The Mysterious Squiggles on Israel’s National Emblem

The emblem of the state of Israel, officially adopted in 1949, features a menorah surrounded by olive branches on either side with the word Israel (in Hebrew) at the bottom. The menorah itself rests on a two-tiered base, containing six odd-looking figures. After determining these drawings’ significance, Elon Gilad finds himself confronting another mystery. (Free registration required).

The menorah . . . on the emblem is a stylized version of the menorah carved in relief on Titus’ Arch in Rome. The arch was built in 83 CE to mark the victories of the deceased emperor—including the conquest of Jerusalem. . . . Simply, those scribbles on the emblem are simplified versions of the ornamentation on the base of the menorah that is depicted on the arch.

The paint on the relief faded away centuries ago, and the stone engraving itself has worn over the ages. Yet we can still see that these designs portray a host of mythological creatures.

But the Ten Commandments state, “Thou shalt not make unto thee any graven image.” Is it possible that a menorah with graven images really stood in the Temple? On this, researchers are divided. . . .

Other depictions of the Temple menorah are not particularly helpful. The most ancient image of it found to date is well known to Israelis—it appears on the “tails” side of the contemporary ten-agorot coin. That menorah is a copy of coins minted by King Antigonus II Mattathias, the last Hasmonean king, in 37 BCE, just over 100 years before the menorah arrived in Rome. The menorah in these coins [has] a base . . . much smaller than the one on Titus’ Arch, having only one level, not two. Nor can any designs be seen adorning it.

The differences may be due to the medium: ancient coins are often highly symbolic representations of the original. But it could also mean that sometime between 37 BCE and 70 CE, the menorah, or at least its base, was changed. . . .

Read more at Haaretz

More about: Archaeology, Hasmoneans, History & Ideas, Israel, Menorah, Ten Commandments

The Danger of Hollow Fixes to the Iran Deal

March 20 2018

In January, the Trump administration announced a 120-day deadline for the so-called “E3”—Britain, France, and Germany—to agree to solutions for certain specific flaws in the 2015 agreement to limit the Islamic Republic’s nuclear program. Omri Ceren explains why it’s necessary to get these fixes right:

[Already in October], the administration made clear that it considered the deal fatally flawed for at least three reasons: a weak inspections regime in which the UN’s nuclear watchdog can’t access Iranian military facilities, an unacceptable arrangement whereby the U.S. had to give up its most powerful sanctions against ballistic missiles even as Iran was allowed to develop ballistic missiles, and the fact that the deal’s eventual expiration dates mean Iran will legally be allowed to get within a hair’s breadth of a nuclear weapon. . . .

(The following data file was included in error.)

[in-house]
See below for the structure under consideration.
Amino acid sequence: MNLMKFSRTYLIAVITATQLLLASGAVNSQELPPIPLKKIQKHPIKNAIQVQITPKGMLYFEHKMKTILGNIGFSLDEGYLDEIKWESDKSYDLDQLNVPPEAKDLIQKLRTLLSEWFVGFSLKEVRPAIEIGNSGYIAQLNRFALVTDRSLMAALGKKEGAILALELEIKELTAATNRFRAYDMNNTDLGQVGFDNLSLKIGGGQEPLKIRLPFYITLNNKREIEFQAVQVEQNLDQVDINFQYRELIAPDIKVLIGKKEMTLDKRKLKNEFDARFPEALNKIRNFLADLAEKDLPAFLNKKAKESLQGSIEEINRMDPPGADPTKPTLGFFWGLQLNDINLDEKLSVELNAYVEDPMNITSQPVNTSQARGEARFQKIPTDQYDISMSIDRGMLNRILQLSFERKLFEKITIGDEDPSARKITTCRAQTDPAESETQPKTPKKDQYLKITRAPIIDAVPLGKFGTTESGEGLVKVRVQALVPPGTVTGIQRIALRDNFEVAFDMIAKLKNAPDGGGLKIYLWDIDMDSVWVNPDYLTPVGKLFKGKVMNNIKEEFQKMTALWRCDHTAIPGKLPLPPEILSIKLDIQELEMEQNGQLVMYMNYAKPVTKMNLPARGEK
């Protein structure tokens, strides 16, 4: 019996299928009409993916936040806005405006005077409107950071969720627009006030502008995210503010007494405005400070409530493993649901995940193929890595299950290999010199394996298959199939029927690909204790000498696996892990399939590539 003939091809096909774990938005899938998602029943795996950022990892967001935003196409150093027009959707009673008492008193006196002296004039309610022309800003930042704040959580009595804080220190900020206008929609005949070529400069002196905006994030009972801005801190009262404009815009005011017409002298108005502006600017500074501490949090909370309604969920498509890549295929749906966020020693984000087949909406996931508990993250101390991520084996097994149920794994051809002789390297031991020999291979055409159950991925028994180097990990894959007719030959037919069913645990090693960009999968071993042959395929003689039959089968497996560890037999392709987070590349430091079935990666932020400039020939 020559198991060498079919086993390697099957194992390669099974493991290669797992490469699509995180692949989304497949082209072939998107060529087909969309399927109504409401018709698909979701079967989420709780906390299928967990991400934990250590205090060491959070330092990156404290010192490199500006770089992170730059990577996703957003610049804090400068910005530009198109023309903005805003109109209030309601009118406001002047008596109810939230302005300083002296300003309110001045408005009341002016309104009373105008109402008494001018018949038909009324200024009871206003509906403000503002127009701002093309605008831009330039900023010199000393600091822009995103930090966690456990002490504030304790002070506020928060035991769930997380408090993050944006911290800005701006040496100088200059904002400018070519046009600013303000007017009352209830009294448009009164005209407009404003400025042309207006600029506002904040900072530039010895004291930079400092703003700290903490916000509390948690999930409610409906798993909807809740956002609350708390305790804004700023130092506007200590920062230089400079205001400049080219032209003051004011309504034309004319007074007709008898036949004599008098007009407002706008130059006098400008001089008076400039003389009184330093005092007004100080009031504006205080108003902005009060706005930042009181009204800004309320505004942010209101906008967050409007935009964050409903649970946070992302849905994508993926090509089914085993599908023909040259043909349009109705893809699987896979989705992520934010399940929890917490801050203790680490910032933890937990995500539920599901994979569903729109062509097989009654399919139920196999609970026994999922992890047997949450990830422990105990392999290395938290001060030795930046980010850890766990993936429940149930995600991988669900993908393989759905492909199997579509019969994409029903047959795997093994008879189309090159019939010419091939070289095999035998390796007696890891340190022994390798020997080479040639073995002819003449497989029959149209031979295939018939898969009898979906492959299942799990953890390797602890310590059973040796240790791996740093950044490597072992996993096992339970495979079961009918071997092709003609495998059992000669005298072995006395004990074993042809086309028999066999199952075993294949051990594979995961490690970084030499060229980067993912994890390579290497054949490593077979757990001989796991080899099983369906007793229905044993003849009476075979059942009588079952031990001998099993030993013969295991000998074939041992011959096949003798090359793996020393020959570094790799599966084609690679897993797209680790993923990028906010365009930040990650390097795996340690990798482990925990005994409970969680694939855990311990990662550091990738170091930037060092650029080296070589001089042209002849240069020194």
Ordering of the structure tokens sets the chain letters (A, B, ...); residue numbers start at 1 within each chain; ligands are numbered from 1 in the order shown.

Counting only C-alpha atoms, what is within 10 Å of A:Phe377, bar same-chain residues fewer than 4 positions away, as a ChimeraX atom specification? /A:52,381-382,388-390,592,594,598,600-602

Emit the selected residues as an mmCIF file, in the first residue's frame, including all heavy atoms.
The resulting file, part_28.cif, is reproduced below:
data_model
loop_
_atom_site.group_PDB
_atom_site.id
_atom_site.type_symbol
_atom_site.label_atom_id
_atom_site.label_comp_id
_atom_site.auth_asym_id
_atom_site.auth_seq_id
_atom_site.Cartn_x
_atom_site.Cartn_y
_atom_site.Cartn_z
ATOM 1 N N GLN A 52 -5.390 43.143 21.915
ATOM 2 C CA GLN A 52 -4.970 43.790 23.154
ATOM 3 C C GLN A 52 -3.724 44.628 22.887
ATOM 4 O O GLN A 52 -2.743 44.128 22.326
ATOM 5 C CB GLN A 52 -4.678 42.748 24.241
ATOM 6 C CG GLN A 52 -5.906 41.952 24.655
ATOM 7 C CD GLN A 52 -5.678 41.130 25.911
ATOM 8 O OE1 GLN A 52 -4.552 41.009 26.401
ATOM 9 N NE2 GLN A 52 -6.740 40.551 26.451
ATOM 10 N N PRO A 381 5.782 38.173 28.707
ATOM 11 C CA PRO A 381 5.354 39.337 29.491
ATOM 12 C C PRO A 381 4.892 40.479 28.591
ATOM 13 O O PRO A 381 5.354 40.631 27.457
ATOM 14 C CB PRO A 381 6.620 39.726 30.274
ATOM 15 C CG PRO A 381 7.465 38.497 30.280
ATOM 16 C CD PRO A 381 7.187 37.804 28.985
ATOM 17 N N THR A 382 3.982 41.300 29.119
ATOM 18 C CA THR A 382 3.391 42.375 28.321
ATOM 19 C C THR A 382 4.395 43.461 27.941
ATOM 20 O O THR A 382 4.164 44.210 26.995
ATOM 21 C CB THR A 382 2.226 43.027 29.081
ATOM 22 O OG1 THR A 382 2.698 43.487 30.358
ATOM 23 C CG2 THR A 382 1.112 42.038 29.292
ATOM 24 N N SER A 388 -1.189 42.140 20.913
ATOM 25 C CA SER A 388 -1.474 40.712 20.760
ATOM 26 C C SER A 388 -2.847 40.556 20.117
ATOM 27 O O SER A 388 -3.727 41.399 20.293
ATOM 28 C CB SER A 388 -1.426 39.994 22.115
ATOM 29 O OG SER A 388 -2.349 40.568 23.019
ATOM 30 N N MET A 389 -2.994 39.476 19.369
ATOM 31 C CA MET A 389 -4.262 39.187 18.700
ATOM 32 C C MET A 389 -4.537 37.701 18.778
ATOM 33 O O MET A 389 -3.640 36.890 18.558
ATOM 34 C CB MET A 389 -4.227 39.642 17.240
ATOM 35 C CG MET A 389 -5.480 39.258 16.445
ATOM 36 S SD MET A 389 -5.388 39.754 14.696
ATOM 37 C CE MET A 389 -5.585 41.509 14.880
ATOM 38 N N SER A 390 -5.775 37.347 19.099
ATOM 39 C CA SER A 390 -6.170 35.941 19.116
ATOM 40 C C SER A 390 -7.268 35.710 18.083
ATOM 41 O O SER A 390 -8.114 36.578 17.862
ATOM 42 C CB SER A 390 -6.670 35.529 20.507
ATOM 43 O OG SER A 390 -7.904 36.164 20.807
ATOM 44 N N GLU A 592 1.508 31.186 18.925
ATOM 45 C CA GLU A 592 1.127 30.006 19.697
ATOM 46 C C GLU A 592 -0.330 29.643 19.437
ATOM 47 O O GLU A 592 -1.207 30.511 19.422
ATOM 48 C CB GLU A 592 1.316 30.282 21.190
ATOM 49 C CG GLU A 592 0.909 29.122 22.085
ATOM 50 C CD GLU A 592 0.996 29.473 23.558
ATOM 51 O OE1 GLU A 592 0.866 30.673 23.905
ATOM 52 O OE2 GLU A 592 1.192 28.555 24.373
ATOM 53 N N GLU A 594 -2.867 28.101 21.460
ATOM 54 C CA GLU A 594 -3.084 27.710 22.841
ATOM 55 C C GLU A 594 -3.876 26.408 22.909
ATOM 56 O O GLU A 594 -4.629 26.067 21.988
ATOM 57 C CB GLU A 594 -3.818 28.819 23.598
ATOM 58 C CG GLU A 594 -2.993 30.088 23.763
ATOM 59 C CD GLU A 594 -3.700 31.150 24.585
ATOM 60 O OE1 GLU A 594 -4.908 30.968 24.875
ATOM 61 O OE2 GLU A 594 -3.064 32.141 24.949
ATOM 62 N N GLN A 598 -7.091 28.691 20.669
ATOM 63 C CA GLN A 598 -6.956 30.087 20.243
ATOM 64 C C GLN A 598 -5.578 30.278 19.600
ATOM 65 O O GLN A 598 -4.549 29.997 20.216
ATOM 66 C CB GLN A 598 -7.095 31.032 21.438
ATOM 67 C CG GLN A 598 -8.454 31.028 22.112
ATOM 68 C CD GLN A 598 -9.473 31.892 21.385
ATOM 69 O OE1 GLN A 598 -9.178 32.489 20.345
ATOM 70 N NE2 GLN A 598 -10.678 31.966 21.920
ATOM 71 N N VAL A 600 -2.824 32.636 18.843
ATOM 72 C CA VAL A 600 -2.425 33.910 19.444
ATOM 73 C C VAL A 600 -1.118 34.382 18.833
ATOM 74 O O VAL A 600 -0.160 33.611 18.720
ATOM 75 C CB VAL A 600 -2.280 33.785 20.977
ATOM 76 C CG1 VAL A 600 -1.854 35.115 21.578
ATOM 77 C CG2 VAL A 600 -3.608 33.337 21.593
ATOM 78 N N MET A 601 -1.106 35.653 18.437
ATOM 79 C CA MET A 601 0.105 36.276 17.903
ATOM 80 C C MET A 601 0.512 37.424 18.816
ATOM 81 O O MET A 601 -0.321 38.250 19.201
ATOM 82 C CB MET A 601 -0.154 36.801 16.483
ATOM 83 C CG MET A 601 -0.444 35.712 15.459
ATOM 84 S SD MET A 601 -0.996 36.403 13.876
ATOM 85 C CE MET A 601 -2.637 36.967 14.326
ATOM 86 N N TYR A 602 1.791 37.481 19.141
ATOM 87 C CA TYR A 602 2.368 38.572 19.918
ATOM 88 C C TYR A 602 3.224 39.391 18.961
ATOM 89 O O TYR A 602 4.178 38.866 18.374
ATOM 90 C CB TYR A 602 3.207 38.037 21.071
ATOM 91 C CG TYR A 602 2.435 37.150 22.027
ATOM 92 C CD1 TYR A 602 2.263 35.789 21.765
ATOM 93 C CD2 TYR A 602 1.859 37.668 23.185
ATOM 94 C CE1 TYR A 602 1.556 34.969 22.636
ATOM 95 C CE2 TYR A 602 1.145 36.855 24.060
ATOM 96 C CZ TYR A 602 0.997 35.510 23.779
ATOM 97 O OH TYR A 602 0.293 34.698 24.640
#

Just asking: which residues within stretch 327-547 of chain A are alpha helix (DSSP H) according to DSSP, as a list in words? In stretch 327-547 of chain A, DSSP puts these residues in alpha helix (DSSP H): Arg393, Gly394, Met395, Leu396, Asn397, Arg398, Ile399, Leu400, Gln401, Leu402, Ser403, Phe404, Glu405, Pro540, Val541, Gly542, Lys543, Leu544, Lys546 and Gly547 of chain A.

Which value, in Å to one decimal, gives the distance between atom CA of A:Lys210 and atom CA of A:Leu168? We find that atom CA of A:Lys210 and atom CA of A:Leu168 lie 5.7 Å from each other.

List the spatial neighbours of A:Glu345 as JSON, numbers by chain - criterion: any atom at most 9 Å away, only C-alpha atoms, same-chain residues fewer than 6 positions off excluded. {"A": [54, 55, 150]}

A team of American negotiators has been working on getting the E3 to agree to a range of fixes, and is testing whether there is overlap between the maximum that the Europeans can give and the minimum that President Trump will accept. The Europeans in turn are testing the Iranians to gauge their reactions and will likely not accept any fixes that would cause Iran to bolt.

The negotiations are problematic. The New York Times reported that, as far as the Europeans are concerned, the exercise requires convincing Trump they’ve “changed the deal without actually changing it.” Public reports about the inspection fix suggest that the Europeans are loath to go beyond urging the International Atomic Energy Commission to request inspections, which the agency may be too intimidated to do. The ballistic-missile fix is shaping up to be a political disaster, with the Europeans refusing to incorporate anything but long-range missiles in the deal. That would leave us with inadequate tools to counter Iran’s development of ballistic missiles that could be used to wipe Israel, the Saudis, and U.S. regional bases off the map. . . .

There is a [significant] risk the Trump administration may be pushed to accept the hollow fixes acceptable to the Europeans. Fixing the deal in this way would be the worst of all worlds. It would functionally enshrine the deal under a Republican administration. Iran would be open for business, and this time there would be certainty that a future president will not act to reverse the inevitable gold rush. Just as no deal would have been better than a bad deal, so no fix would be better than a bad fix.

Read more at Commentary

More about: Donald Trump, Europe, Iran, Politics & Current Affairs, U.S. Foreign policy